I first had fettuccine Alfredo in 1966–served to me by Alfredo.
I was just fifteen, traveling with my parents. Getting to Italy was a lifelong dream of my dad’s, and we had the pleasure of coming along when he fulfilled that dream. He’d studied Italian history, art, and culture for years, and had been drilling us on useful Italian phrases for nearly a year before the trip–where is my hotel, a table for four please, how much does that cost, bring the check please, and so on.
Long before we arrived, dad had figured out many of the places where he wanted to dine, mostly historic venues (such as Hostaria dell’Orso, which had been a favorite of Dante’s), while leaving plenty of room for discovering charming little trattorias. Among the must-visit places was Alfredo al Augusteo, the source of fettuccine so good that Mary Pickford and Douglas Fairbanks Jr. had given Alfredo a golden fork and spoon for consuming the dish.
At fifteen, I was not as saturated with history as my dad was, and I probably could not at that time have told you who Pickford and Fairbanks were, but I knew if my dad was impressed, I would be, too. The restaurant was a delight, walls covered with photos of movie stars and heads of state who had dined there. Overhead, a massive marble frieze showed Alfredo in a Roman chariot, one hand holding the reigns, the other holding a plate of the namesake pasta.
The menu at the time bore the words Il vero re della fettuccine–the true king of fettuccine. However, when he signed our menus, Alfredo gave himself a promotion, to Imperatore, or Emperor, a title that now seems to have eclipsed his claim to being king.
Alfredo Di Lelio was already famous even then, but far from stuffy or impressed with himself. He was a showman, and he loved anyone who loved what he did. For people with whom he connected, he would toss the fettuccine tableside. Order the crepes, and he would come out dancing, ladling flaming brandy into the air. It was great fun. My dad, who could make friends with a doorpost, charmed Alfredo, and we went back often, each member of the family being offered the golden fork and spoon on subsequent nights (a sign that Alfredo had taken a fancy to you). He related how the fettuccine recipe was born–it was something his wife could keep down while she was pregnant.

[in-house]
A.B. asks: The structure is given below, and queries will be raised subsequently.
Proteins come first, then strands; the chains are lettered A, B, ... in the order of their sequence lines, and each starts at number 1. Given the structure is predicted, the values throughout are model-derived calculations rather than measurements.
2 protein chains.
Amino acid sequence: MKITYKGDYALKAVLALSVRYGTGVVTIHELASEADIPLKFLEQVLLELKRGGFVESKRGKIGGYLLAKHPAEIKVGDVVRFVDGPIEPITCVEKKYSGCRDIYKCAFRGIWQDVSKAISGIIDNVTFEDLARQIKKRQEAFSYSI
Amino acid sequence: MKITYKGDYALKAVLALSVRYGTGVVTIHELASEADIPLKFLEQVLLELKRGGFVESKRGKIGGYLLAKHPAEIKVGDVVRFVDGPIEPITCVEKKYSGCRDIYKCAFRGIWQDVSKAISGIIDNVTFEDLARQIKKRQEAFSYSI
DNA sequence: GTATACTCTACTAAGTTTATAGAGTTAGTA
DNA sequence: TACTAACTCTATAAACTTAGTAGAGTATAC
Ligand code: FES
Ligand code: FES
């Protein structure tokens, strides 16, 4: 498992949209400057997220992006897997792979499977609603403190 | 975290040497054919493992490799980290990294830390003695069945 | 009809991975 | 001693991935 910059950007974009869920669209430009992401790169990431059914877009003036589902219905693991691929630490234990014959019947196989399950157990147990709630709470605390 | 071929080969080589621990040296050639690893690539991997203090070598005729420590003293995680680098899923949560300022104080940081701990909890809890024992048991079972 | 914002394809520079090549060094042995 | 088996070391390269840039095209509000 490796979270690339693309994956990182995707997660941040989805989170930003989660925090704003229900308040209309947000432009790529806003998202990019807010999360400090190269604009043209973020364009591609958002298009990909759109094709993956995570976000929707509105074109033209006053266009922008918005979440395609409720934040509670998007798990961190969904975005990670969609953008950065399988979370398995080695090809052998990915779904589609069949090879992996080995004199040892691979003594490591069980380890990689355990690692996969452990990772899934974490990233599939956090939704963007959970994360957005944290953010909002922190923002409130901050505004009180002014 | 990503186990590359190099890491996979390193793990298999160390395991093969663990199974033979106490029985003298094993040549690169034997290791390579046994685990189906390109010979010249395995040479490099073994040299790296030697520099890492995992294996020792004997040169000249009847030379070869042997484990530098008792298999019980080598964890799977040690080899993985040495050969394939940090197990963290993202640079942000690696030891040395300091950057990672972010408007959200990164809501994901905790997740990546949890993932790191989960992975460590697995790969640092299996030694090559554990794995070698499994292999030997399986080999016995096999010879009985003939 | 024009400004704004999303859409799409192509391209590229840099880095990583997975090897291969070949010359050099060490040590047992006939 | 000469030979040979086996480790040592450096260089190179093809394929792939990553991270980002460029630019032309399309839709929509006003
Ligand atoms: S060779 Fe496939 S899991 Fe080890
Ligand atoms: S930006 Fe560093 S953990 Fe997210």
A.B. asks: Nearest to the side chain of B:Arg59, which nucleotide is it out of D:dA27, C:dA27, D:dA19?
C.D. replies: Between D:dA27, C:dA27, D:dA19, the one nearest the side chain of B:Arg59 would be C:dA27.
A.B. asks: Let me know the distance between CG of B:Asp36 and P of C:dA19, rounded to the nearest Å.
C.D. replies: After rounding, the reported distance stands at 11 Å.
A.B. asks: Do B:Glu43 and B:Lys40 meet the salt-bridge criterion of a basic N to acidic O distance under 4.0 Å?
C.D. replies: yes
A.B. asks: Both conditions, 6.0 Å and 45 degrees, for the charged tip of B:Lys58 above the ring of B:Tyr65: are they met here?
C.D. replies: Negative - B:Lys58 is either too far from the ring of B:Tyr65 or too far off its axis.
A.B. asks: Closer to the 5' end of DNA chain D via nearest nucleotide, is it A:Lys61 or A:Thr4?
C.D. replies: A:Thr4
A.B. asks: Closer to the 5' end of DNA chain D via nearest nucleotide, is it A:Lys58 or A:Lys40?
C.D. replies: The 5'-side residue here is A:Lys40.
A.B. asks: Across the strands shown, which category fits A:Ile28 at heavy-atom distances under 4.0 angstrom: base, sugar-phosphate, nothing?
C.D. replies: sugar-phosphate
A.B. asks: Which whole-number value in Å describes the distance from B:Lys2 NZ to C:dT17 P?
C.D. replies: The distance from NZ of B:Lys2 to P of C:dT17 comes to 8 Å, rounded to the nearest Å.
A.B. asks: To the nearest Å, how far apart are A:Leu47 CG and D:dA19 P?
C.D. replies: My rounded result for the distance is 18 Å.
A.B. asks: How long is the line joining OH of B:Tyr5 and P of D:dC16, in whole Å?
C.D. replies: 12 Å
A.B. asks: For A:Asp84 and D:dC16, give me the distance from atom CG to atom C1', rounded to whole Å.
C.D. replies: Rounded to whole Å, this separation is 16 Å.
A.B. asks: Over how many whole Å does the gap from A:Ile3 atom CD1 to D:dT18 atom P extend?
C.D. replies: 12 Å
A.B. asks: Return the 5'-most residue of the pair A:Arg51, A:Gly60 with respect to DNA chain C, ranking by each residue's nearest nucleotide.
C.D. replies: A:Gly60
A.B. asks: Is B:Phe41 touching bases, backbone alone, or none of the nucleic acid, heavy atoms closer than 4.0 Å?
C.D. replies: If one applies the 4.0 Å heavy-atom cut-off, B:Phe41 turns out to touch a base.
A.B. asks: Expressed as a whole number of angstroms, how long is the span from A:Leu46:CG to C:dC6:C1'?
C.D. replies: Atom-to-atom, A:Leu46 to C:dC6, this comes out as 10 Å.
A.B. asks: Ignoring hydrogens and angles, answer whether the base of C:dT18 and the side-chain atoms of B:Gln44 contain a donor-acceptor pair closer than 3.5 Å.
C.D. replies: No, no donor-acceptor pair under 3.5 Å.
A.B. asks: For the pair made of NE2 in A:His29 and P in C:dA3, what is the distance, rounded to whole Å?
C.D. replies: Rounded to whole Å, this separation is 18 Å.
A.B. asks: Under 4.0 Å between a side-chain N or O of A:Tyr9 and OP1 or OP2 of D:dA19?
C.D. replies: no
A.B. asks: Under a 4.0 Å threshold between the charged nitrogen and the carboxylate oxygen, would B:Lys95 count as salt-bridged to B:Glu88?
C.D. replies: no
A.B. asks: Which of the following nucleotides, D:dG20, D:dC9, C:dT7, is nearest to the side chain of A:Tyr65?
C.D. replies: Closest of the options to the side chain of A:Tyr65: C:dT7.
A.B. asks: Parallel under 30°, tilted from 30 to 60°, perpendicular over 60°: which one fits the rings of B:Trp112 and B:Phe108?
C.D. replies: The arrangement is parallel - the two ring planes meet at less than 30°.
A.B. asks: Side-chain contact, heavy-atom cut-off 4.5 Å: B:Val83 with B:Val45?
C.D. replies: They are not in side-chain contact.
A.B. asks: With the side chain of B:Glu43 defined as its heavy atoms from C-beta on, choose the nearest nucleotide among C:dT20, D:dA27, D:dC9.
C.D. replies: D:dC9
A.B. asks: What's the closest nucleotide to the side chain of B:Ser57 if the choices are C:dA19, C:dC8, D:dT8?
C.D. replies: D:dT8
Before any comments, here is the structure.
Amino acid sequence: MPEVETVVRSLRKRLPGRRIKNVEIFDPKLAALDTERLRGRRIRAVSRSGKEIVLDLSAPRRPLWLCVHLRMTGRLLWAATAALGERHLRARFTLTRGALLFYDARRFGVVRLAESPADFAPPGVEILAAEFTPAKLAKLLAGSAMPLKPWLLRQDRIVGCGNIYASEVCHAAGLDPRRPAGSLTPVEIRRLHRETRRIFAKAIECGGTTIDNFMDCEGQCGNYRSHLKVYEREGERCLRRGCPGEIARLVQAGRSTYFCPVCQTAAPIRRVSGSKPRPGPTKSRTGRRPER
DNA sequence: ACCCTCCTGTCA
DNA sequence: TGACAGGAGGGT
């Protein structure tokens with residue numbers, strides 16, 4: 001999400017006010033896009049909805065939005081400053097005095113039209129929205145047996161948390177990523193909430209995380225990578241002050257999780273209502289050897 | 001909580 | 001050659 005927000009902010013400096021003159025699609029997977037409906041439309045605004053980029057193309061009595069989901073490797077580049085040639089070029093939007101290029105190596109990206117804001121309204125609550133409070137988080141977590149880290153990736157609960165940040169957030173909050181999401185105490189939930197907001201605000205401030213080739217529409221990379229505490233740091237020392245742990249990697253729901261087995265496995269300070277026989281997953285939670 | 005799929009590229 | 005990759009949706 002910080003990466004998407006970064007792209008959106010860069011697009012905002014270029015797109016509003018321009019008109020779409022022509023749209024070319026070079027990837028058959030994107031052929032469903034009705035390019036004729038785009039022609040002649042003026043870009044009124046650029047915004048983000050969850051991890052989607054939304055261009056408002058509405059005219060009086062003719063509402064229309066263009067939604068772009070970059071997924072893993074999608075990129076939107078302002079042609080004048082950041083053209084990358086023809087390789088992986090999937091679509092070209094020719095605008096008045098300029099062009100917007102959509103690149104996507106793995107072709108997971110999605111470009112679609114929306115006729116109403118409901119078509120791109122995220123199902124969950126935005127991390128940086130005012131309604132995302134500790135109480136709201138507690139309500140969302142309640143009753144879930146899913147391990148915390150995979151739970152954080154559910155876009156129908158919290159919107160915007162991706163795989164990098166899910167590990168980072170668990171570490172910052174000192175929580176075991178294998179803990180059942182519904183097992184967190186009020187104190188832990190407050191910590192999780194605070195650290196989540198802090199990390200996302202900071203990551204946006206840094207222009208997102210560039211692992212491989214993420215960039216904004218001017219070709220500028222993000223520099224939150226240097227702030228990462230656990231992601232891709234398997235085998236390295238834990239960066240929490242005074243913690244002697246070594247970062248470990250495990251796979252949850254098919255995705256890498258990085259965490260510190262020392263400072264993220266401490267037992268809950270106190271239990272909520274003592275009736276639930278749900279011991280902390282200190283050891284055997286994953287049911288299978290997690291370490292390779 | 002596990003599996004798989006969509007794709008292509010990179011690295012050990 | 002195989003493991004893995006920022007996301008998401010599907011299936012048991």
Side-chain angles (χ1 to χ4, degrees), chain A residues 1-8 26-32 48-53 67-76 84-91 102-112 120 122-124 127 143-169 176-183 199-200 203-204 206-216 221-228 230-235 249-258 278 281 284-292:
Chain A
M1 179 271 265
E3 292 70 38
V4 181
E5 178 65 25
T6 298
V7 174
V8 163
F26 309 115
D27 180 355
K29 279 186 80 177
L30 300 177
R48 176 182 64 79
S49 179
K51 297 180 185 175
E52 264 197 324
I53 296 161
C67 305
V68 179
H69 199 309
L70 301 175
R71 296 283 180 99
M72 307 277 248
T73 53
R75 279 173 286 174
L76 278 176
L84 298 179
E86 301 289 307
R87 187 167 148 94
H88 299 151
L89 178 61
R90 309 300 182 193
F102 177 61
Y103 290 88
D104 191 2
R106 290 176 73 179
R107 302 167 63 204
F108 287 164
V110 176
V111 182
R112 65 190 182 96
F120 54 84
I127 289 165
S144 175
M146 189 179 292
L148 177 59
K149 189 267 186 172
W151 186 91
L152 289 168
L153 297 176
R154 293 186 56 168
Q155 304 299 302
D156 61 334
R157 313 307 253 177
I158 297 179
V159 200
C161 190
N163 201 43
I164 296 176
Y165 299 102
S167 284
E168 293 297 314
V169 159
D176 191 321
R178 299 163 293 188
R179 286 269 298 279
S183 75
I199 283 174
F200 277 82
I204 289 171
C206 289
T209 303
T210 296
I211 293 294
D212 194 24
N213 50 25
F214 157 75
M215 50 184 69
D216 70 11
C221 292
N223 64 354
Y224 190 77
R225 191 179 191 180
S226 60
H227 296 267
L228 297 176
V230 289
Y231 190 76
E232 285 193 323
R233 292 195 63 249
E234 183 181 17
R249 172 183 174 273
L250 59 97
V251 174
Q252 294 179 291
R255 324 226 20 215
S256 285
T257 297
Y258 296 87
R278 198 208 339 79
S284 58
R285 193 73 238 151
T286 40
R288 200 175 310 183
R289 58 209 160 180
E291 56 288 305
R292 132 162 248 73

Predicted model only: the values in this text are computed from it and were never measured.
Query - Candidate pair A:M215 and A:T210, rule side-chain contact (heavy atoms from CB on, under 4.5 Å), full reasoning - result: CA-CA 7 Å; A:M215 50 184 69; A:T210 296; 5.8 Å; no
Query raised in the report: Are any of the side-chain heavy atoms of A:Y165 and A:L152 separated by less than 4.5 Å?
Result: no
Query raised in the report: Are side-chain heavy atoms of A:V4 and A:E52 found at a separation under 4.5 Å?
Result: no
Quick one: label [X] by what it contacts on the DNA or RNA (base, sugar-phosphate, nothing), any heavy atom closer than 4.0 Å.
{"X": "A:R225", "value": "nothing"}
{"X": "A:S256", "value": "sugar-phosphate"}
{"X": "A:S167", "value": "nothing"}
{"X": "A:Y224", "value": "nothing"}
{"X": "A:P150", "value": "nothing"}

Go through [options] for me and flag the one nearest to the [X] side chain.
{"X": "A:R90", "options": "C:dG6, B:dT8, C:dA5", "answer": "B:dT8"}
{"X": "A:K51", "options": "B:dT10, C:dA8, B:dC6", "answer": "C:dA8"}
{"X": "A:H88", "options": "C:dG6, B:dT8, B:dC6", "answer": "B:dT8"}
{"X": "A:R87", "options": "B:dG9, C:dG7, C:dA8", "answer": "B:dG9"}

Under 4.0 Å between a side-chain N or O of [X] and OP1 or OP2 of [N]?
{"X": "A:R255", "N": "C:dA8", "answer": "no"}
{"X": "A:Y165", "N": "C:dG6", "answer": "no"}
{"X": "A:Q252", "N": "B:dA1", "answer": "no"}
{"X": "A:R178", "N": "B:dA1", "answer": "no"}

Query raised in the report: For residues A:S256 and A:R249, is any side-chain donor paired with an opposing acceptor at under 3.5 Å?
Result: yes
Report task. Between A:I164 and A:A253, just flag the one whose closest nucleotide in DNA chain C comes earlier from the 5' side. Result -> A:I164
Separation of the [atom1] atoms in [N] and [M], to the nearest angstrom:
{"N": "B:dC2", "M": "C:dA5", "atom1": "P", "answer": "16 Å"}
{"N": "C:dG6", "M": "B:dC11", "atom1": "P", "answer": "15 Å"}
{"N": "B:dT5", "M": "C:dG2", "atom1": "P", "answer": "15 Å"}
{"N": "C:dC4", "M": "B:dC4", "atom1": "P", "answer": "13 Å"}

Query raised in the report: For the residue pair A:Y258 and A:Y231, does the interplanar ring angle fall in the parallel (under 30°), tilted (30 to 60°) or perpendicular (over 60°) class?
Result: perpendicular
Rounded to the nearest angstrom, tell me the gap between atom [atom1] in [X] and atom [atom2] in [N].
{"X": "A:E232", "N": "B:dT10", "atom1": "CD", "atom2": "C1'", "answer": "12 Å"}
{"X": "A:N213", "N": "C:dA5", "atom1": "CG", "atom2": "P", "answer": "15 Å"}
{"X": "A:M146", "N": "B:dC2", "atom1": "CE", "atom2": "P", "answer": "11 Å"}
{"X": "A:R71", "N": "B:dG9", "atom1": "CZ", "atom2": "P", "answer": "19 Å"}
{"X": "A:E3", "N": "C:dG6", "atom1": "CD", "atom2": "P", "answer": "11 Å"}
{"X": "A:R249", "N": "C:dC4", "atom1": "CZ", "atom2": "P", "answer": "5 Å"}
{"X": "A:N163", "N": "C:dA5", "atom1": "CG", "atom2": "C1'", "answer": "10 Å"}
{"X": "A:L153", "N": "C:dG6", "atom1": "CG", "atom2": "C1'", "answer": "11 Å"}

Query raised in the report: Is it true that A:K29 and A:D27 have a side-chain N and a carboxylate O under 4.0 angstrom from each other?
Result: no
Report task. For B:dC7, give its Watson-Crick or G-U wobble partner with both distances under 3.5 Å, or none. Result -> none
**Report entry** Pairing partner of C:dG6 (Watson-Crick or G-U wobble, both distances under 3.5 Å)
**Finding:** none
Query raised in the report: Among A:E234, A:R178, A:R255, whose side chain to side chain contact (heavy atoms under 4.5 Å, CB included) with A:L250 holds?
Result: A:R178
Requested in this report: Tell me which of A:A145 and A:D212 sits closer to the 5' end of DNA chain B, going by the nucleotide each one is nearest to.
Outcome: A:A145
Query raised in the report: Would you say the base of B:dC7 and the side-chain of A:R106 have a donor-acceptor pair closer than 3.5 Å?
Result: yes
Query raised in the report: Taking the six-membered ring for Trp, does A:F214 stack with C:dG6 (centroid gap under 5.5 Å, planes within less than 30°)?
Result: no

A few visits into our first trip to Italy, my dad jotted a bit of light verse on a piece of paper and handed it to Alfredo, sealing the friendship. I sometimes think that our trip back the following year was just so dad could go to Alfredo’s again–and, happily, Alfredo remembered him and welcomed him enthusiastically.
In the photo below, I’m the teen on the left, and that’s Alfredo with his arm around me. The handful of pasta is dry, kept handy as a prop for photo opportunities. Mom thought she was getting out of the photo.
Of course, the experience was memorable, but for me, it was one more reason to be amazed by my father.
And here is the poem:
Firenze, Roma, or Milano,
Who’s the number one Paisano?
Who’s “tops” with burro and formaggio?
Who should sit for Caravaggio?
This charming Re. This handsome fellow.
No, He should sit for Raphaello.
Better yet, call for Bernini
To sculpt the King of Fettuccine!
And should you be headed to Italy, here is the website for Il Vero Alfredo–the true Alfredo. http://www.ilveroalfredo.it/